When Marg and I purchased Apple Gully Farm eleven years ago it set in progress a steep learning curve. Both of us came with science backgrounds so we were very interested in examining farming from a scientific basis.
Information from friends with a sustainable farming background, a basic understanding of animal production and a desire to “do it right” meant our first port of call was a course in Sustainable Agriculture with a focus on Soil Mineral and Microbe management by Graeme Sait of Nutri-Tech Solutions in Eumundi, Queensland. Before the course we had several soil samples tested.
We were of course inundated with information but the take home message was that the soil is a massive factory of microbial activity that should not be disturbed. We can help with addition of deficient minerals and by not reducing photosynthetic activity (that is not overgrazing). Chemical fertilisers have a very limited role in pasture improvement.
Our first job on the farm was clearing a massive amount of scrub and regrowth that had severely impacted on grass growth. Generally what could be removed by my tractor was done leaving wooded parkland paddocks, perhaps a little too shaded but we liked the look and removing the larger trees would have vastly increased the workload (I was still a full time Vet in Sydney). Leaving the larger trees also had the advantage of maintaining a better balance for soil microbial activity.
We were reading avidly and the book that really made an impact on us was “Call of the Reed Warbler” by Charles Massy. Again the strong message was not to get in Mother Natures way. She has been at it for millions of years whereas upstart humans have been trying to influence soil and pasture for about a hundred years.
Charles Massy’s practical message was rotational grazing, many small paddocks that are not overgrazed and allowing the grass to be of sufficient height to allow continued photosynthetic activity. Photosynthesis is a vital process for producing valuable nutrients (particularly sugars) to the roots.
Finally we were introduced to Peter Andrew’s with reference to water management (“water should walk not run”) and we have strategically placed “weirs” to slow the water in times of heavy rainfall and allow slow lateral movement of water in to the adjacent paddocks when the rainfall has stopped.
I don’t pretend we have got it all right but it has been an interesting journey. We have made minimal chemical intrusions letting the existing pasture improve naturally (with assistance from manure and dung beetles and with periodic application of lime). I am still considering over sowing and some mineral supplementation but the jury is out. My brilliant discovery is the need for water (from the sky) above all else. Bring on La Niña.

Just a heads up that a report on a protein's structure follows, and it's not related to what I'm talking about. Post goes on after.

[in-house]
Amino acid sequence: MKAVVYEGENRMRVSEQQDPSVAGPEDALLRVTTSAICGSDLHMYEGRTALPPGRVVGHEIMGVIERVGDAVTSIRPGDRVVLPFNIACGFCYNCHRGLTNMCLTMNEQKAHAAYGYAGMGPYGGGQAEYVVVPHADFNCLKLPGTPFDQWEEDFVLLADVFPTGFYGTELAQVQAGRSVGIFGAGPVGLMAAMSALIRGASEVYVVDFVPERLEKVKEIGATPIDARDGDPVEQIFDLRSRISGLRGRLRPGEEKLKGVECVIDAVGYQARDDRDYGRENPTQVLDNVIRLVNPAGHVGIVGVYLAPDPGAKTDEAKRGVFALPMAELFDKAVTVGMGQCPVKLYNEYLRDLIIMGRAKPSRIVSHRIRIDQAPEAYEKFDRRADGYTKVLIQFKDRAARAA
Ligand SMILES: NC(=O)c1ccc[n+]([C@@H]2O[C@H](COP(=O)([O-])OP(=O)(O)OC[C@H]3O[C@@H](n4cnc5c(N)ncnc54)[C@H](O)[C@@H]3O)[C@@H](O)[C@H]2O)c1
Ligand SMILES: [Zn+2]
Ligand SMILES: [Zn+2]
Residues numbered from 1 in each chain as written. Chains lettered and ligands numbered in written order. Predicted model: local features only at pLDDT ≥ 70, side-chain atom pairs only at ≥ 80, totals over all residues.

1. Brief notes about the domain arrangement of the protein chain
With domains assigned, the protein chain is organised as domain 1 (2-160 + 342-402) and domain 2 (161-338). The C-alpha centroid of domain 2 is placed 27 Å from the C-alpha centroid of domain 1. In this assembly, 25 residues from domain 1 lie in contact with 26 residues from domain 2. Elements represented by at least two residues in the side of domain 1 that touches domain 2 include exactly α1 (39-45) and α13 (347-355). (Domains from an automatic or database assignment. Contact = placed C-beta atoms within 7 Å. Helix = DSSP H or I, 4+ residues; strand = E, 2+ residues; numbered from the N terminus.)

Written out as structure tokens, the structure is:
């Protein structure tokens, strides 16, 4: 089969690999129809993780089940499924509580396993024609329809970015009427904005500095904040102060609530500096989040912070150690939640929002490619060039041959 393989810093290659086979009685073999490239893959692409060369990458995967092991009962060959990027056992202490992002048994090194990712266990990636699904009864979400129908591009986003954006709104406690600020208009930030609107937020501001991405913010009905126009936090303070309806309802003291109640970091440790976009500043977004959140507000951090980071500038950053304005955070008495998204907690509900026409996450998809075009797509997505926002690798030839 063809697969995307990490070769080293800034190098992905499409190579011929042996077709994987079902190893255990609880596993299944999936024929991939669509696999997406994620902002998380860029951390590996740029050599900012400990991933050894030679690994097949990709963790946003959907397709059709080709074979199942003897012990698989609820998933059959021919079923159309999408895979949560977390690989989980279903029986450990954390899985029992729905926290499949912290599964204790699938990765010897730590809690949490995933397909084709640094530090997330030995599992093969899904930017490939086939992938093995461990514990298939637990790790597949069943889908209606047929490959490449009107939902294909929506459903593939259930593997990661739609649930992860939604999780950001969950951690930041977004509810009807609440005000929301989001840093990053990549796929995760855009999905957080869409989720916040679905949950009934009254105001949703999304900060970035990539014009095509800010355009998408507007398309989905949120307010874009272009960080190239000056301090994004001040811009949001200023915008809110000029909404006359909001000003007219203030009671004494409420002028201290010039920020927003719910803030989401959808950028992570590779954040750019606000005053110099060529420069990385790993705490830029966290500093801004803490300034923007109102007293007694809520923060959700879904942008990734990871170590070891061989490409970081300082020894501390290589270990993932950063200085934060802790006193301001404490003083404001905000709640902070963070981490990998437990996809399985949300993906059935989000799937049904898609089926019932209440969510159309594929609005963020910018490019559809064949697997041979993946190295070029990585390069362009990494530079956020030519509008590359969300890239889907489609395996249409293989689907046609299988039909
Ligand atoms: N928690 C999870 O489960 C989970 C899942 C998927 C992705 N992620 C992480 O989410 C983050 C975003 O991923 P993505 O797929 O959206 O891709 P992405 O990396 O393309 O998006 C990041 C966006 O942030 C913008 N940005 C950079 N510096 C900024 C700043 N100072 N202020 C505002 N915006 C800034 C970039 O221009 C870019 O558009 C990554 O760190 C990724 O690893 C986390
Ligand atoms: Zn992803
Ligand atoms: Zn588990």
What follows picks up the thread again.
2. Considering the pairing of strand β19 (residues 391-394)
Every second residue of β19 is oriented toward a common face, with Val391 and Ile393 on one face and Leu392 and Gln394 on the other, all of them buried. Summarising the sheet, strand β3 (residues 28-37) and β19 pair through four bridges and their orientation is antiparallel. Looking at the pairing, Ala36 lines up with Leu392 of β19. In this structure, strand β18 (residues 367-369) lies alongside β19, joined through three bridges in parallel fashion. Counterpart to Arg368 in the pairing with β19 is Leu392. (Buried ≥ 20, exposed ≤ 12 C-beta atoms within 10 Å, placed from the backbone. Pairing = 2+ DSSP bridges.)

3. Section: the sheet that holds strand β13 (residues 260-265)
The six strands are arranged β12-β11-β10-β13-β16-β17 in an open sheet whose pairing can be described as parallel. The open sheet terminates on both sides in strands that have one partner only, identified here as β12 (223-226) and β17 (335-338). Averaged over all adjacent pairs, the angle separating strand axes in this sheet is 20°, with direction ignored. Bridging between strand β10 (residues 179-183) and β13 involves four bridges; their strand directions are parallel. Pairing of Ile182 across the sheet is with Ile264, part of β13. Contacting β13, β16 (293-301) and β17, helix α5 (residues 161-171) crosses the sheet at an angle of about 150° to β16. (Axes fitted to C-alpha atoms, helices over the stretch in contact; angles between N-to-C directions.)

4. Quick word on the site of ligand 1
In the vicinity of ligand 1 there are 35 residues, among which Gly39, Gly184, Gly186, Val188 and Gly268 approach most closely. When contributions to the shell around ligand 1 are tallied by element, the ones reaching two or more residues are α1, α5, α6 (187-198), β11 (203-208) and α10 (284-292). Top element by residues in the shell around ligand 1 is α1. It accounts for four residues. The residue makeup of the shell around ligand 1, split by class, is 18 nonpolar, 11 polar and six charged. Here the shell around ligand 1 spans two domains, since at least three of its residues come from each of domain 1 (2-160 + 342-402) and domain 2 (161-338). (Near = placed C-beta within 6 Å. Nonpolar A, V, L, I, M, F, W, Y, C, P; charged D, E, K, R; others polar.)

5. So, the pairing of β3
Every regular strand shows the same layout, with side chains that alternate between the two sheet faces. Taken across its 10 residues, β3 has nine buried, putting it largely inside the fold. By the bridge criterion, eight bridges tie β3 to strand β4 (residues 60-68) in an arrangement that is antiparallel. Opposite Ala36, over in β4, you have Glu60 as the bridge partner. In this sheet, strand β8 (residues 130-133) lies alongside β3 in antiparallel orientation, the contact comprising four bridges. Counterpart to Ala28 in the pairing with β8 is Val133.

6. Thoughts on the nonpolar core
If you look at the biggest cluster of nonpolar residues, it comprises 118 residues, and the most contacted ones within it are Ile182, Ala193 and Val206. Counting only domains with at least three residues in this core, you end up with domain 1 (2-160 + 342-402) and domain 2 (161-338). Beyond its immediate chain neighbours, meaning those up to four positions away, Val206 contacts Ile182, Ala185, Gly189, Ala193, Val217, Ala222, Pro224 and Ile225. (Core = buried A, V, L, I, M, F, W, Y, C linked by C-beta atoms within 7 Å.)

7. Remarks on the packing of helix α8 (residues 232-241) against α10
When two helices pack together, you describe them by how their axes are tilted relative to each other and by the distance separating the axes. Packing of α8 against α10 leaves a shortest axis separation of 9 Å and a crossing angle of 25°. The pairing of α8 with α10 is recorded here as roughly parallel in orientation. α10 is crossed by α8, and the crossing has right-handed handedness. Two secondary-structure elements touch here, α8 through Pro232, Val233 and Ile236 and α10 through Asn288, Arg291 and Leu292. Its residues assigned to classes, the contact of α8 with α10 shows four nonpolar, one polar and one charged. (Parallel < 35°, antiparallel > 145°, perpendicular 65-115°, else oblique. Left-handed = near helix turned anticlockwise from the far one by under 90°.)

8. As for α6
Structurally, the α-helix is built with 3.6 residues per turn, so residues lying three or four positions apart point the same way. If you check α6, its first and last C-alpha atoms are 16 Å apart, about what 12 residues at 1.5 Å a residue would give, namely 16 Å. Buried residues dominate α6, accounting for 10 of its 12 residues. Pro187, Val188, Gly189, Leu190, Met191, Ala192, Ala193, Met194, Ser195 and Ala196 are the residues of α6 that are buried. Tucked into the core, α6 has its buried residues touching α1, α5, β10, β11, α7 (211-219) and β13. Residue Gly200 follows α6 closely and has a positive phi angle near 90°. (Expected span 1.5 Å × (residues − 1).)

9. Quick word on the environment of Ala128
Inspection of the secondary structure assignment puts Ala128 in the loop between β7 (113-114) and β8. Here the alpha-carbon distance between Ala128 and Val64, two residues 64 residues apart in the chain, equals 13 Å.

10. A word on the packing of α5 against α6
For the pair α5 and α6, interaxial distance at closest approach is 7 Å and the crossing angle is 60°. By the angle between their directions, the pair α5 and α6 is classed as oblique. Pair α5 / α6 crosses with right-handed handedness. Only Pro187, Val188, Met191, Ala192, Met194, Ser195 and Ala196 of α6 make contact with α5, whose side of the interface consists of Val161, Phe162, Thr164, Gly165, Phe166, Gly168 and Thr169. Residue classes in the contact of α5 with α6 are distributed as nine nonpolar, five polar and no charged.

Entries are closed now and the photos have been sent to the judges and we await the results. Here is a selection of the entries received.
Every year at Shady Creek Miniature Herefords we have around 20 new calves added to the herd in the Springtime. Only 1 or 2 bull calves are kept for future breeding and the rest are castrated and become steers. A couple of these steers can be sold as long term grass eaters for small acre hobby farms and we refer to them as “Lucky Boys”. The remaining steers fill the freezers of family and friends when they are approx 16 months old and we are starting to experience reduced pasture growth after Christmas.
The process by which this happens is as follows:
- Before Christmas I contact past clients and any new interested people wanting to buy meat direct from us. The steers are sold as halves and they are allocated to a client.
- The steers are transported straight out of their paddock to Radfords Abattoirs, just on the outskirts of Warragul and only a 15 minute trip from home. The timing is worked out so they are slaughtered within 2 hours of arrival so they are not hanging around for a long time.
The clients in the meantime have received a cutting sheet so they can choose how they would like their meat to be packed. Refer to cutting sheet provided.
- The carcasses are transported to Moreland Meats in Warragul, a popular Butcher shop where they hang for 7 to 10 days before being cut up and packed. The hot carcase weight of the last 4 steers processed were: 215kg, 199.4kg, 198.8kg and 248.6kg. As we don’t have scales in our yards we do not know what their live weights were.
- The clients are contacted when their meat is fully frozen and ready to pick up. They pay by EFT and I then pay Radfords and Moreland Meats for the processing.
Many of our clients are repeat buyers and appreciate their annual fill of their freezers with grass fed beef that has had minimum handling and therefore reduced stress for the steers concerned. This is reflected in the taste and tenderness of the meat. The clients also appreciate the amount of meat with half a small Hereford steer enough but not too much meat to be consumed in a year for a family. They then look forward to the next half!
Dianne and Brian Davey